Boy it’s been quiet round here hasn’t it? These ‘concise’ Twitter style write ups are all very well but you can’t beat something with some more meat on the bones can you?
So, what’s been up?
Well, the Moles rides are still ongoing, and the forum is the place to look if you want to tag along. We’ve been blessed with a long and dry summer so far and this has allowed me to undertake some off-road commuting on Fridays; the upshot being a few of us have convened by bike in the King William on a Friday for a couple of quick beers. Now we’re into August though it’s holiday season so we’ve parked that for a while.
This past week I’ve just returned from a family holiday to France, with 15 adults and children of various descriptions spending 10 days or so in a converted Bakery and Granary in the tiny, tiny village of Azay le Ferron. It was scorching hot, with midday temperatures above the mid-twenties Celcius and a couple of days topping out around 32 degrees.
However, I still took my bike…
Azay le Ferron is situated in the Indre department of the central Loire region of France, about 30 or 40 miles south of Tours. As with much of this part of France, there’s a chateau. For cycling, it’s not somewhere that would suit the climbers amongst us, being largely flat, and it’s not somewhere that would suit gnarly mountain bikers for the same reason. It does have miles of easy forest roads (which we didn’t explore) and it does suit anyone with a road bike and the urge to explore.
My brother-in-law Mark and I took our road bikes and between us clocked up over 330 miles of laid back road riding for the week. Our rides mostly consisted of two to two and a half hour rides in the morning from about 8:30 when the temperatures were around 18 degrees but we often finished with the mercury nudging 25.
Mark hasn’t got many miles in the year – so far – so we stuck to a plan of just keep moving. On only one occasion did I head out alone and up the pace a little, as well as managing 45 miles, but most of our rides were about 25 to 30 miles.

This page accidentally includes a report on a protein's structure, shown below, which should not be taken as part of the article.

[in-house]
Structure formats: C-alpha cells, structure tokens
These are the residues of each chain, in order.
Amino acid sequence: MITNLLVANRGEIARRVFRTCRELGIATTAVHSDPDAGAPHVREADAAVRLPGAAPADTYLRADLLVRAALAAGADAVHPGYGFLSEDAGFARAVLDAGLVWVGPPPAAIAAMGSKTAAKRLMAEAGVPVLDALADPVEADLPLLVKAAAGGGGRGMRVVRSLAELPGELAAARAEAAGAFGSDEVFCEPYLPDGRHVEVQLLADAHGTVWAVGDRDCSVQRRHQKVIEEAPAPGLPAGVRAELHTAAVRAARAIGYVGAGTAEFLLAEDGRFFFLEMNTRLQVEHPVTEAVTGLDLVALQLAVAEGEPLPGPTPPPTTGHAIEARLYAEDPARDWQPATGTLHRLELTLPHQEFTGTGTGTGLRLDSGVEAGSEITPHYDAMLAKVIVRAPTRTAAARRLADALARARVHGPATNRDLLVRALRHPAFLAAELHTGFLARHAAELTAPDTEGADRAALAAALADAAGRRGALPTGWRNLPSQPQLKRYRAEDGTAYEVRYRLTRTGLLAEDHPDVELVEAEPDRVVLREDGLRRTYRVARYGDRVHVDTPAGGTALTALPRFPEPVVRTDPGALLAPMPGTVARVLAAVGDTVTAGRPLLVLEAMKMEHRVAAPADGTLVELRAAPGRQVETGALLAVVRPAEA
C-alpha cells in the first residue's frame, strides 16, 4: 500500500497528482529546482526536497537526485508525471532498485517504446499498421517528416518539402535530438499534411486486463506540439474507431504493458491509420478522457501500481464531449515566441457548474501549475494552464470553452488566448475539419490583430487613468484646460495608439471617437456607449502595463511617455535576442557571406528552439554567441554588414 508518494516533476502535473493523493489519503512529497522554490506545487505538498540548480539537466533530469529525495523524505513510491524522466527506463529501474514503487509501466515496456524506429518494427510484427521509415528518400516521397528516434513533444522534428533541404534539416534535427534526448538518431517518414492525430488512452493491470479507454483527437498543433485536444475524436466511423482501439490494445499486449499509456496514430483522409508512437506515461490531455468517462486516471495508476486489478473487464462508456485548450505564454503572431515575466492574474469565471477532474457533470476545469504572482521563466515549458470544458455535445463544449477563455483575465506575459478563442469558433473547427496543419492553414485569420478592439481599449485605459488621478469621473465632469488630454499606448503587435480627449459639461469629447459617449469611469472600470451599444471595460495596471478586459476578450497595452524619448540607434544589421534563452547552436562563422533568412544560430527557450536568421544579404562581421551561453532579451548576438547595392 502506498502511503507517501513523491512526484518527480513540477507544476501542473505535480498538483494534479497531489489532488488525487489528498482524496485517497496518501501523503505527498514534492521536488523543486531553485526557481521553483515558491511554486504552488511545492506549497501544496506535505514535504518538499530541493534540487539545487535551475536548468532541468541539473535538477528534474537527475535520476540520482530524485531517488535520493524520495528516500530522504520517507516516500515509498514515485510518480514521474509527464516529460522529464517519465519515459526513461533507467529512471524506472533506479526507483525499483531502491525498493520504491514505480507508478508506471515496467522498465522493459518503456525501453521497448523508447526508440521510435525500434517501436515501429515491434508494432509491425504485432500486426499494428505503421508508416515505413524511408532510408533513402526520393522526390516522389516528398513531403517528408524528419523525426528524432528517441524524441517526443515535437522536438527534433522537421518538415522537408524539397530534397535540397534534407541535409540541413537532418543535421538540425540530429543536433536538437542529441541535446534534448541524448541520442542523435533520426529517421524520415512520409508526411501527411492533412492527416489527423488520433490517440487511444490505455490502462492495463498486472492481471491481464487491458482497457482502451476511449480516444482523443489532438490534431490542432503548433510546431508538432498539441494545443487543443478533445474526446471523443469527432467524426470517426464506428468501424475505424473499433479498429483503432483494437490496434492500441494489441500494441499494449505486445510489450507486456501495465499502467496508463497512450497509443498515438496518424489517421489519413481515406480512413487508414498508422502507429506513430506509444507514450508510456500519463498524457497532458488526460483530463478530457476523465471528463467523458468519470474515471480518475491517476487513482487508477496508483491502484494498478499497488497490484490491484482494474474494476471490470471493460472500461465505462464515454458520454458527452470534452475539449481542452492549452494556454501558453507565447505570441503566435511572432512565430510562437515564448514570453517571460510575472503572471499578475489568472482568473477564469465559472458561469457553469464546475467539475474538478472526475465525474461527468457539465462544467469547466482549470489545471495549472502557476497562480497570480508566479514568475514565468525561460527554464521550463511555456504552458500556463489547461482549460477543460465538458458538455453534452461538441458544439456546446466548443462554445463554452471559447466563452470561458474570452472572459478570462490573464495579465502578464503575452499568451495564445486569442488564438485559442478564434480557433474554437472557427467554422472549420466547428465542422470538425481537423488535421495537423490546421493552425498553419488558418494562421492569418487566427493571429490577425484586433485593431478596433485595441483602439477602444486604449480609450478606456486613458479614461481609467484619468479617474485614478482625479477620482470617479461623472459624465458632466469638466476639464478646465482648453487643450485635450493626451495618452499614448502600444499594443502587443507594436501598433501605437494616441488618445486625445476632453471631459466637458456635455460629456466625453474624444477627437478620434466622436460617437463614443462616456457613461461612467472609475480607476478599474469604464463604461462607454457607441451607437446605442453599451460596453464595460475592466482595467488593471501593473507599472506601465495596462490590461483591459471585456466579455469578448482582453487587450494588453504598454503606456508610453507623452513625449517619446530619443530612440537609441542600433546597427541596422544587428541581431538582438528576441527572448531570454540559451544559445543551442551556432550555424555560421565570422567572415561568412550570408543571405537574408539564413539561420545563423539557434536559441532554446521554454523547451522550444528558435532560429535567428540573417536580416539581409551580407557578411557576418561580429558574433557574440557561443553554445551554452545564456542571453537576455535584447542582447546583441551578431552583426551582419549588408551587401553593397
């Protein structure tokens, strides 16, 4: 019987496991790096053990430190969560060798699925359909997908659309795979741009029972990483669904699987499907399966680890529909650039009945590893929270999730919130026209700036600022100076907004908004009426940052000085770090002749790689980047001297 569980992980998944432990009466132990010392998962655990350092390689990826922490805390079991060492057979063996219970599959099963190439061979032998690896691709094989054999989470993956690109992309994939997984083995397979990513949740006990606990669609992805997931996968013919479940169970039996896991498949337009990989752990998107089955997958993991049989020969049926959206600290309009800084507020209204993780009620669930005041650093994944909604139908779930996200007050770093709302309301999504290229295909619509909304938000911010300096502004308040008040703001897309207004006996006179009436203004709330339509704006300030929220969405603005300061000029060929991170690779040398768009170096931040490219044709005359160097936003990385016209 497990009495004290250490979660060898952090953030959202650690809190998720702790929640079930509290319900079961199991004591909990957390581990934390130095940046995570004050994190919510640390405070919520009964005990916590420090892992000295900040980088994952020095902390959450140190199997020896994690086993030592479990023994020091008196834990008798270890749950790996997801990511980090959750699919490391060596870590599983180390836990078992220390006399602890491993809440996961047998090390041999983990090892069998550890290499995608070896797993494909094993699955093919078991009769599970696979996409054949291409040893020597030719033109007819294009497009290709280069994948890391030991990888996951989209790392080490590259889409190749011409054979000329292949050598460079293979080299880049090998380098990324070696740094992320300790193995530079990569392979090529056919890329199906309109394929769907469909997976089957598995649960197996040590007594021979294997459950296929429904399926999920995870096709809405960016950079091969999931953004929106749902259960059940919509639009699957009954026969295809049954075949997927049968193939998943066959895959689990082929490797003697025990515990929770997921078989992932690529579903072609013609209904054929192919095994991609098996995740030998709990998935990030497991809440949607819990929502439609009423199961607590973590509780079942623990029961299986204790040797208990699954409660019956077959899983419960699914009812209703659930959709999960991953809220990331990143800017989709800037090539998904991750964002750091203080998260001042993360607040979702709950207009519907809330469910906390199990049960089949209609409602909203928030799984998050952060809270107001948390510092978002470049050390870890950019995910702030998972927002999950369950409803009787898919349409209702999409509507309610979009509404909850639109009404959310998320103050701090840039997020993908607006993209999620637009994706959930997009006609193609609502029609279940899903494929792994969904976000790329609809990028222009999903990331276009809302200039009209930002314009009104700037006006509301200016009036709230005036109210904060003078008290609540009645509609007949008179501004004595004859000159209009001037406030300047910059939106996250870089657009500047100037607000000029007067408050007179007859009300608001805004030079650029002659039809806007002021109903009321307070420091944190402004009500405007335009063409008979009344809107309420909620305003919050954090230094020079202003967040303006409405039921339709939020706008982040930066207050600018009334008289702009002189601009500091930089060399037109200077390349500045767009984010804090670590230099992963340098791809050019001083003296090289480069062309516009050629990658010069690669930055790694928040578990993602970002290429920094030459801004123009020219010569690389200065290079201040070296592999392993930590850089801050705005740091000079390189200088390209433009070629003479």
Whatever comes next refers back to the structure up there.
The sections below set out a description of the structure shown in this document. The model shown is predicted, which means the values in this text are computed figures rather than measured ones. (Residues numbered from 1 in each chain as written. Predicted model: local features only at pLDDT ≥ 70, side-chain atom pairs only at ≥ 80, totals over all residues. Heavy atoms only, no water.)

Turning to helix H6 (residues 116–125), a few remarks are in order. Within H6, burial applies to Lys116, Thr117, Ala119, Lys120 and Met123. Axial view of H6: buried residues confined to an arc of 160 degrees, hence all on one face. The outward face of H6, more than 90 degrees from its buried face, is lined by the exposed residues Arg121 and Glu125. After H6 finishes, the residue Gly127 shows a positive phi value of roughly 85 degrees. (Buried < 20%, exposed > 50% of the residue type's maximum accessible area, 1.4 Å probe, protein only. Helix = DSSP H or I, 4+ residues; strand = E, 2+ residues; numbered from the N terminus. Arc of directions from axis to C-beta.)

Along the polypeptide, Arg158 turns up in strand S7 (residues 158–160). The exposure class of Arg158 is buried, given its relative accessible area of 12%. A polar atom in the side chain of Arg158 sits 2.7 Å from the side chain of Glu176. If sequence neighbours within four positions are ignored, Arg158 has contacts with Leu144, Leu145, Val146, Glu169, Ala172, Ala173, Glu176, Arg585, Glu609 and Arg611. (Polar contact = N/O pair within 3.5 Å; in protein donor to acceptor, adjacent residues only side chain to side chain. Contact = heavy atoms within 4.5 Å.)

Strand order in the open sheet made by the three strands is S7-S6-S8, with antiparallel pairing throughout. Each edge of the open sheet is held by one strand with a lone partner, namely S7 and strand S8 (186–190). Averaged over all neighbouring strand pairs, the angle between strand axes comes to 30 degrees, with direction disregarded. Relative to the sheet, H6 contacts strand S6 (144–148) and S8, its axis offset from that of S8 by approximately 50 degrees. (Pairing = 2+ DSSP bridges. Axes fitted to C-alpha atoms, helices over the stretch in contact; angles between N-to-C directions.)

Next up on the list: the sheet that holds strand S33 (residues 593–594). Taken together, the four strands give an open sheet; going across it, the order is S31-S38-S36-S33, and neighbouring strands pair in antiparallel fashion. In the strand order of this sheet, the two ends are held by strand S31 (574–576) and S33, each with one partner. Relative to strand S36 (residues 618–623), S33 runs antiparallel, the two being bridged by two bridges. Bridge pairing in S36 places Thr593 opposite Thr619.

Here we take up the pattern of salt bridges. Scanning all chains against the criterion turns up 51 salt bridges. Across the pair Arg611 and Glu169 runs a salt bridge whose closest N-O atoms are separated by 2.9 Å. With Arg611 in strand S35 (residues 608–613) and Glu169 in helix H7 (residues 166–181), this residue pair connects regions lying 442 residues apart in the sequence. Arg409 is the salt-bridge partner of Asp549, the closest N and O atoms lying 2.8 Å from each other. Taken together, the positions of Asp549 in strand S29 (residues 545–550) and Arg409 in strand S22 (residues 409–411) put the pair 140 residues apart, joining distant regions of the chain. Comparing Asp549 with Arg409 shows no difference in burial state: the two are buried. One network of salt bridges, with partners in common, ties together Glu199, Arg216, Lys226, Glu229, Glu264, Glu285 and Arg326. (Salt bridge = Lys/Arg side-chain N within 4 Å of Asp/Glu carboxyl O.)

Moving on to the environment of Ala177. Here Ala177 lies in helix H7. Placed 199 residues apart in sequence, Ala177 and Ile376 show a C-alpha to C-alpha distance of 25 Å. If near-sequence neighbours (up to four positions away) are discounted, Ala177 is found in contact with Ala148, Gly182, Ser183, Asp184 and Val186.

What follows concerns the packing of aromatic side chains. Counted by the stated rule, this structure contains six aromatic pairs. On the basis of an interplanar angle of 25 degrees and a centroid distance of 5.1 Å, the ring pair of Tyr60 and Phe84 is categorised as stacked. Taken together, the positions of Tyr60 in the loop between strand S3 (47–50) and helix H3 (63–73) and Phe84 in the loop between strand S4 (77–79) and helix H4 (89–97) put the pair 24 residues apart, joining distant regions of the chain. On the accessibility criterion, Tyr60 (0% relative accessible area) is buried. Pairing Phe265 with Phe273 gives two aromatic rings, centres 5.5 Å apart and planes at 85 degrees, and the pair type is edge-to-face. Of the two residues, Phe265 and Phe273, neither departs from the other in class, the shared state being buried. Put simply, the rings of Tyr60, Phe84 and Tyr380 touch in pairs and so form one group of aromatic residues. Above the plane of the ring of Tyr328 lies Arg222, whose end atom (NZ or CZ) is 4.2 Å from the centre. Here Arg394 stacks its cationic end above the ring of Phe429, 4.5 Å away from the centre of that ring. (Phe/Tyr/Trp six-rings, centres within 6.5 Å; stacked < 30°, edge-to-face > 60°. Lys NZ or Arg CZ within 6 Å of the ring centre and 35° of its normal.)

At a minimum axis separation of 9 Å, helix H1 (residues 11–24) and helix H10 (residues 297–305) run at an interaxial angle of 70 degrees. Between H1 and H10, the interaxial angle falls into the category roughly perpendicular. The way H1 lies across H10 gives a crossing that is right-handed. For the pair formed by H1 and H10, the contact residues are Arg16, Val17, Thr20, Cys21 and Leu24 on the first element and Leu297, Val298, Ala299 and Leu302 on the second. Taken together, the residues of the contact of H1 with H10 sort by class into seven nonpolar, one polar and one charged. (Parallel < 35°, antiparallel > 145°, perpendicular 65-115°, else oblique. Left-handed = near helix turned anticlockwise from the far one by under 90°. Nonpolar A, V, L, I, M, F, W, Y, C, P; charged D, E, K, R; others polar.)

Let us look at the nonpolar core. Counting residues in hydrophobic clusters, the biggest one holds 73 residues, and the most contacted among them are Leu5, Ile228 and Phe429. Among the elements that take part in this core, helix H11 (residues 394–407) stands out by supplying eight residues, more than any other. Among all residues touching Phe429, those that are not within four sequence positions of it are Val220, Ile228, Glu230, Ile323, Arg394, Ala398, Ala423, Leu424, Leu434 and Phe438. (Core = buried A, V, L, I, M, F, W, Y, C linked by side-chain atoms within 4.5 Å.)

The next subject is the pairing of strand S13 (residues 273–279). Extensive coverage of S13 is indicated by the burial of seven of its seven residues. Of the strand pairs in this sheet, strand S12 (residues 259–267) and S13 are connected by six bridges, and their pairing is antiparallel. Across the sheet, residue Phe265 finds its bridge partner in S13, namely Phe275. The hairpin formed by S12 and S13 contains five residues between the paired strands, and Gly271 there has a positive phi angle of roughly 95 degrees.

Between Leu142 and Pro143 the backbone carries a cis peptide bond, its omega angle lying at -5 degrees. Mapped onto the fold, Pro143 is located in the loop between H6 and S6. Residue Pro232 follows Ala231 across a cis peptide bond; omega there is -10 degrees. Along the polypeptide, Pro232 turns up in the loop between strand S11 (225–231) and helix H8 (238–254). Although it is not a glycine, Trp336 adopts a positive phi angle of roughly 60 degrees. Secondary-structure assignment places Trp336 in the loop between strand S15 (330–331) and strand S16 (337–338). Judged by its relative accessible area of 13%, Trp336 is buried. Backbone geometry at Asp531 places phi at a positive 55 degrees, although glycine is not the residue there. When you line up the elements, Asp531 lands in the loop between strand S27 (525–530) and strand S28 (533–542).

So what did we discover?
Well, river valleys are your friend in this sort of landscape. They seemed to offer lots of contouring roads that wound along the course of the rivers they follow, some trees for shade here and there and pretty towns and bridges along the way. Idyllic, to be honest.
My favourite was the town of Preuilly-sur-Claise which straddles the river Claise, a wide, brown, slow moving, lily choked river straight out of books such as Chocolat. So still was it that the stone bridge was perfectly reflected in the waters as we crossed, while further along there are anglers camped along the banks trying to tempt the fish. In the town itself is an incongruously large church for such a quiet town, heavily buttressed and capped with a roof of what seem like dragon scales when the sun is lighting it from the right direction. Around the corner, a market square offers a quiet place to sit and watch the world go by.
Further along the Claise, the town of Le Grand-Pressigny has much of the same qualities – a river crossing, a church, a chateau on the hill above the town and if anything an even prettier market square. Mark and I were tempted several times to stop for cafe au lait and a croissant but feared we’d never be able to get going again!
Crossing from one shallow valley to the next offered minimum climbing challenges but threw up lot of tiny hamlets, pretty clusters of buildings sprinkled across mainly agricultural land and sunflower fields baking under the strident sun. The riding was a joy, across a rolling landscape with few cars and polite drivers. The roads were of the apocryphal type France is famous for; smooth ribbons of immaculate tarmac flowing under the wheels as the bikes purred along. By the end of the week I felt I knew the immediate riding area around Azay le Ferron pretty well but there were many towns left unexplored.
As downsides, well the riding lacks athletic challenge unless you want to up the pace, which is a viable option except you’d lose the in-the-moment holiday chill mood. I saw one (1) pothole the entire week which was a shock and one or two stretches of road have been given a top dressing of stone chips which is most un-French (a sign of French economising perhaps?). If you find yourself heading in a direction with a head wind, expect it to be with you for sometime as well – on my big ride I had one for 18 miles as I headed east!
Most surprisingly for me was a dicovery that despite turning the wheels at average bpms of 100-110 keeping pace with Mark I actually lost weight over the holiday depsite indulging in plenty of gastromic (and Cabernet Sauvignon) appreciation in the evenings. It just shows the benefit of low intensity time spent on a bike.
If you get a chance to ride in France, wherever it may be, do take it!
Full, original pictures can be seen in the France 2015 album on Flickr.